In the early days at least, Berlusconi was smart at managing his public image as well as dealing with his political opponents. He knew that a large part of his appeal lay in his image as a man of the people, albeit one who flew by helicopter from one luxury pleasure palace to another. In 1986, even as he was scheming and fretting over the fate of his media empire, the millions pouring in from TV advertising meant he was able to buy a football (soccer) club. And not just any football club. Berlusconi became the owner of mighty AC Milan, one of the aristocrats of the sport.
In the mid-1980s the team was going through a lean period. But national interest in football was greater than ever thanks to Italy’s triumph in the 1982 World Cup. The purchase, which was to prove one of the tycoon’s most inspired, was probably a mixture of heart and head. Berlusconi, a life-long supporter of Milan, imagined a rejuvenated team, flush with his cash, and he saw how the team’s success might rub off on him. Berlusconi the businessman was also quick to see how much he stood to make from advertising in football-mad Italy.
But the decision to take the leap was a torturous one. He’d actually been considering buying the football club for several years. Back in 1982 a clairvoyant he consulted, known as Moro, had warned that the portents were against the purchase of AC Milan. “My mystic told me that it would bring me bad luck,” he told associates.
But unable to shake the obsession with owning the prestigious club, he convened another meeting in January 1986 with his most trusted associates to discuss buying it. Not one to do things in half measures, the mogul rented a huge villa in the top ski resort St. Moritz, in the Swiss Alps, which had belonged to the former shah of Iran. After a weekend of examining and reexamining the pros, and many potential cons, of purchasing AC Milan, Berlusconi and his aides agreed the move was too risky. The morning after, however, when the group had just taken their business-class seats for the flight back to Milan, Berlusconi suddenly declared: “Oh to hell with it. I’m going to buy it.”
Thus in July 1986, to the accompaniment of Wagner’s “Ride of the Valkyries,” the new Berlusconi AC Milan squad flew into the stadium by helicopter to meet the fans. In the following 1986—87 season, the club sold a record number of season tickets.
Berlusconi’s AC Milan made shrewd purchases from overseas, includ- ing the Dutch stars Ruud Gullit and Marco Van Basten. The purchase of Gullit was particularly interesting. This flamboyant black player, famous for his flowing dreadlocks, was confronted by Italian football crowds— which are often racist and violent. However, Milan fans were soon dazzled by Gullit’s skills and charm and in their own, politically incorrect, way showed their appreciation by blacking their faces and wearing dreadlock wigs during the matches. Of course Berlusconi was quick to claim the credit for this transformation.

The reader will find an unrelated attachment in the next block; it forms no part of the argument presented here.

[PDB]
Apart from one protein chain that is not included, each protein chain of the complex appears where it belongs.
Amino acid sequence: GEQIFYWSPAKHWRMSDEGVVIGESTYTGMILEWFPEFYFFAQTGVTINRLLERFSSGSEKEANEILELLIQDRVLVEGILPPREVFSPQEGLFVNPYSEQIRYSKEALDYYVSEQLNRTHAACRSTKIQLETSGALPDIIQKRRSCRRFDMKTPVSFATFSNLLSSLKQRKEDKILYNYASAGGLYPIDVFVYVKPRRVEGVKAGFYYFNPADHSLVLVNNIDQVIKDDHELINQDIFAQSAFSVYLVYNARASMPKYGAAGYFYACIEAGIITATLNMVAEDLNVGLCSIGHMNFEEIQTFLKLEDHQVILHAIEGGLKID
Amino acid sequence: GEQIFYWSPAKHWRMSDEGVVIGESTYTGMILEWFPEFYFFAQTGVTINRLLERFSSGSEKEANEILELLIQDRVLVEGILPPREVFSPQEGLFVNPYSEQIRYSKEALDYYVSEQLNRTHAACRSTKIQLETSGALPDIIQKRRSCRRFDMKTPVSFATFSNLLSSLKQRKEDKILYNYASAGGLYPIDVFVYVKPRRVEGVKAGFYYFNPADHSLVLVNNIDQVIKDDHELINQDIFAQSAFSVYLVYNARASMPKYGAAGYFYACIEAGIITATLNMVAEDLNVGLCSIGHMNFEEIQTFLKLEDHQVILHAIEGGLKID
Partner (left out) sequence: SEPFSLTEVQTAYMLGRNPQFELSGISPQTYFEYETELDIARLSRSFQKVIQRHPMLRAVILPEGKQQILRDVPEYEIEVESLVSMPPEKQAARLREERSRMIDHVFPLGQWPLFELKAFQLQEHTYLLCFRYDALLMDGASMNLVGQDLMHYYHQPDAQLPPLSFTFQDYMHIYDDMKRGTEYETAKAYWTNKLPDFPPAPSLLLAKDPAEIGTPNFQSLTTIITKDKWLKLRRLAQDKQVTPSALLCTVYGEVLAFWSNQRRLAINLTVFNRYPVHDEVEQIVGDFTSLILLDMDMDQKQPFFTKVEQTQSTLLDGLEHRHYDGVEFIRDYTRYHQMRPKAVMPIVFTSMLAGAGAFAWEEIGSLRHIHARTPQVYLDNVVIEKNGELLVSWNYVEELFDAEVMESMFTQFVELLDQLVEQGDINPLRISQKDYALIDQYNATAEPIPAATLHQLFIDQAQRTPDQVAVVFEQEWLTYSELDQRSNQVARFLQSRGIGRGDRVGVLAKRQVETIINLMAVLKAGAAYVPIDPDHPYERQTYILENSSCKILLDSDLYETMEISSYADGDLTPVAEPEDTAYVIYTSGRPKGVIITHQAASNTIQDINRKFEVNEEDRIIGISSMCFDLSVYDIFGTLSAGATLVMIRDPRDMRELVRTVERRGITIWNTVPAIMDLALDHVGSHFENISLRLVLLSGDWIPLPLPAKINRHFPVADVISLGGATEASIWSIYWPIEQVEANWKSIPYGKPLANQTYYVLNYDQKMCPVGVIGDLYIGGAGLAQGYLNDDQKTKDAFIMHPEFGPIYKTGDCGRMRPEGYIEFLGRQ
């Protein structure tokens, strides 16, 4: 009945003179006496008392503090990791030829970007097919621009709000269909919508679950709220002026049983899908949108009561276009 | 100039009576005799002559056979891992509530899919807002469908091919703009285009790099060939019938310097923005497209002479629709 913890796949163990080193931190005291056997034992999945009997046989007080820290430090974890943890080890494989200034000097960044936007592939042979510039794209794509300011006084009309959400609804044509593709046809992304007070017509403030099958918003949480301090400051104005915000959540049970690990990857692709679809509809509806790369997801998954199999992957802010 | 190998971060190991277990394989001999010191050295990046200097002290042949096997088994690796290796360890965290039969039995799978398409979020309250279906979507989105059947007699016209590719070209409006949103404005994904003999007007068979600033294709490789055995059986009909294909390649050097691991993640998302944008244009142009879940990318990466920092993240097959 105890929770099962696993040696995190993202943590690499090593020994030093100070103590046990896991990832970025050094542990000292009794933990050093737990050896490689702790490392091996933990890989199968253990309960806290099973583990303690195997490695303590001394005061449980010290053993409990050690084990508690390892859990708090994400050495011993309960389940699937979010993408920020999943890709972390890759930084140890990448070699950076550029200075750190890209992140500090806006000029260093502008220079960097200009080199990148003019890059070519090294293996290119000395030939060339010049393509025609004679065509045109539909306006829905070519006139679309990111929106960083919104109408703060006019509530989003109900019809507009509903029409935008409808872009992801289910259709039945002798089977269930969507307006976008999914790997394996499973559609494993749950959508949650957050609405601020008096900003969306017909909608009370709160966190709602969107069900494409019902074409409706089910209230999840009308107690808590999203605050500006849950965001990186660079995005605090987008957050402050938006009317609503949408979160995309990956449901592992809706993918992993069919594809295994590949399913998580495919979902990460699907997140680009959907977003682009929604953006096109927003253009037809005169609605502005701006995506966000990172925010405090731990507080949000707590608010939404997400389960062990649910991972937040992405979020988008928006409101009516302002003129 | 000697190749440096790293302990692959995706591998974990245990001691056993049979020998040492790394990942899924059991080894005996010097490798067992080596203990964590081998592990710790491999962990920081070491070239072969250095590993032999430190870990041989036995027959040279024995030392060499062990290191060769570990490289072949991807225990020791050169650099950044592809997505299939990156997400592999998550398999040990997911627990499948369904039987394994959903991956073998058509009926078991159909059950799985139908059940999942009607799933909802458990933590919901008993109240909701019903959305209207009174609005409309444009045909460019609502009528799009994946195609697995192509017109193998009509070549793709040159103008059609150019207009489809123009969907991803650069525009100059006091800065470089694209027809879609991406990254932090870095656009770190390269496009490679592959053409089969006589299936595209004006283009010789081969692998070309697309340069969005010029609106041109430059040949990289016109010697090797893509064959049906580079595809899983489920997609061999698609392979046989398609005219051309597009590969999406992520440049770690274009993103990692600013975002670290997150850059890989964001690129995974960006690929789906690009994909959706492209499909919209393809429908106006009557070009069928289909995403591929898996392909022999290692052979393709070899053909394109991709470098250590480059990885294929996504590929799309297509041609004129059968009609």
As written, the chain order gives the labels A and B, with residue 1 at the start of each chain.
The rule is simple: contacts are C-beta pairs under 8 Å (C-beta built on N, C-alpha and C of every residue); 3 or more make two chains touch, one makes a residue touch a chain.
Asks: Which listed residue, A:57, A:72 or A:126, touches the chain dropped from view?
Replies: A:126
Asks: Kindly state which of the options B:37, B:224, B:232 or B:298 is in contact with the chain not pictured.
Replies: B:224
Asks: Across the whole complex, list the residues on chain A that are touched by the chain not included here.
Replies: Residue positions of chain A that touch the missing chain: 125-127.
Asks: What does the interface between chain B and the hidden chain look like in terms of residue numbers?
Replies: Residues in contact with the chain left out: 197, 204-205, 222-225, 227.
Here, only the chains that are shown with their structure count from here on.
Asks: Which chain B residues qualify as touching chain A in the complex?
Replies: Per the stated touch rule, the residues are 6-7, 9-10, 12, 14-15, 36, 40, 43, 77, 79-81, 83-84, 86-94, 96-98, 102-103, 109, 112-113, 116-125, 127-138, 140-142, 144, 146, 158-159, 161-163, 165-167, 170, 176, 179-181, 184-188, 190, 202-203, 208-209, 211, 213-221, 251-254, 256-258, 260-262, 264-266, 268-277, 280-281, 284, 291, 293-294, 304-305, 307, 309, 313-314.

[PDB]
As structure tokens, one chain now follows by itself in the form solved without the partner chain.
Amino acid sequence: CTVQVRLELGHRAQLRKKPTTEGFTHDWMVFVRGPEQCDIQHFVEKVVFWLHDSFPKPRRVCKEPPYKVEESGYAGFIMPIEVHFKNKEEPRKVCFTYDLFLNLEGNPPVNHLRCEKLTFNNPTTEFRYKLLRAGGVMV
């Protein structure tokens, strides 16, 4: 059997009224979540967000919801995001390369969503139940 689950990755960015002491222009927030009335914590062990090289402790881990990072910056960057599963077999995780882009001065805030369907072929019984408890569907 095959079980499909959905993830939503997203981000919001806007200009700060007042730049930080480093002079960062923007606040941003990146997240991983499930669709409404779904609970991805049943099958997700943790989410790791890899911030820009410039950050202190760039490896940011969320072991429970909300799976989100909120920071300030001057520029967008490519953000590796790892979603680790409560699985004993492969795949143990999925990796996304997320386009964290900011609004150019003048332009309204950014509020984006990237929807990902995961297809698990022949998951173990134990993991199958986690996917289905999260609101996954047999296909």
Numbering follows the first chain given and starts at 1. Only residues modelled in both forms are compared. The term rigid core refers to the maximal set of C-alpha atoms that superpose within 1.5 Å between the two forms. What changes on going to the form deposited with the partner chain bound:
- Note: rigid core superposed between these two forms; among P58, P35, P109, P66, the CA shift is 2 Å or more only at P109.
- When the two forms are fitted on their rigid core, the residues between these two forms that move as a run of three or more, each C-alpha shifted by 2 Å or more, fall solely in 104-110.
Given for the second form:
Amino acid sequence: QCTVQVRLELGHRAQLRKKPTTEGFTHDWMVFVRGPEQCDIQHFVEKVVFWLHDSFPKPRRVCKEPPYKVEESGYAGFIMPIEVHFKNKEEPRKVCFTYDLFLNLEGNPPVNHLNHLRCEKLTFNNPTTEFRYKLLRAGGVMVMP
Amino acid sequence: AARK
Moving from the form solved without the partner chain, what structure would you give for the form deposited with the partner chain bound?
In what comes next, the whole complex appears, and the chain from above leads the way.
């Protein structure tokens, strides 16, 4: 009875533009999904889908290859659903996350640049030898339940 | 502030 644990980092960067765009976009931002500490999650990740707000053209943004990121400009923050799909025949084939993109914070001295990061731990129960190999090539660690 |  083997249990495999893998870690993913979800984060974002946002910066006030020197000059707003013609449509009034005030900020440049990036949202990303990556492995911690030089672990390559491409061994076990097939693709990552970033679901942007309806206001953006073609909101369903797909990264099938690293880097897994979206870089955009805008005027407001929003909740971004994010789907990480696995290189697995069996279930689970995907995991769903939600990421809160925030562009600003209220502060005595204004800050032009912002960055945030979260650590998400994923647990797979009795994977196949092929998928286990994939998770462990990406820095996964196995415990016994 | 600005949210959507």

“I explained to them it was possible to support a club without being violent or racist. That mentality had to go.” Unfortunately, you don’t have to go very far to see such attitudes elsewhere in Italian football. But to its credit, Berlusconi’s AC Milan, in purchasing Gullit and, more recently, black players like Mario Balotelli, has been more active than most clubs in fighting racism on the terraces. It was noted, however, that Berlusconi’s unlikeable and mentally unspectacular brother, Paolo Berlusconi, un- did some of the good work in February 2013 when he referred to Balo- telli, Milan’s new $28 million striker, as “the little negro of the family.”
Berlusconi basked in the glow of the revitalized club—and notable triumphs, including the Italian championship in 1988 and the European Champion’s Cup the following year, for which the club provided a ship, an airplane and 450 buses to ensure 26,000 Milan fans were in Barcelona to see the victory.
As he had hoped, Berlusconi profited mightily from the symbiotic relationship that TV enjoys with the sport. The more that football was broadcast and discussed—with endless hours devoted to match high- lights and analysis—the greater the interest created. This meant bigger AC Milan ticket sales as well as more viewers and greater TV advertising revenue for the mogul’s TV channels.
In addition to making huge quantities of cash, AC Milan would also prove a vital source of inspiration and popular appeal in the 1990s, when Berlusconi made his move into politics. With the trophies piling up, Berlusconi’s fame soared; he was surprised—but utterly delighted—to receive praise bordering on adulation from Milan fans. He liked to recall how one supporter had told him: “Silvio, you’re God; you’re the Messiah.” The suggestion of divinity obviously struck a chord with the vain and egotistical tycoon, who’d be further buoyed by polls suggesting he was better known among Italian children than the Son of God. In 2006, explaining why Italians ought to reelect him after five years of crass and inept leadership, Prime Minister Berlusconi said: “I am the Jesus Christ of politics… I sacrifice myself for everyone.”
Excerpted from Being Berlusconi: The Rise and Fall from Cosa Nostra to Bunga Bunga by Michael Day. Copyright © 2015 by St. Martin’s Press. Reprinted by permission.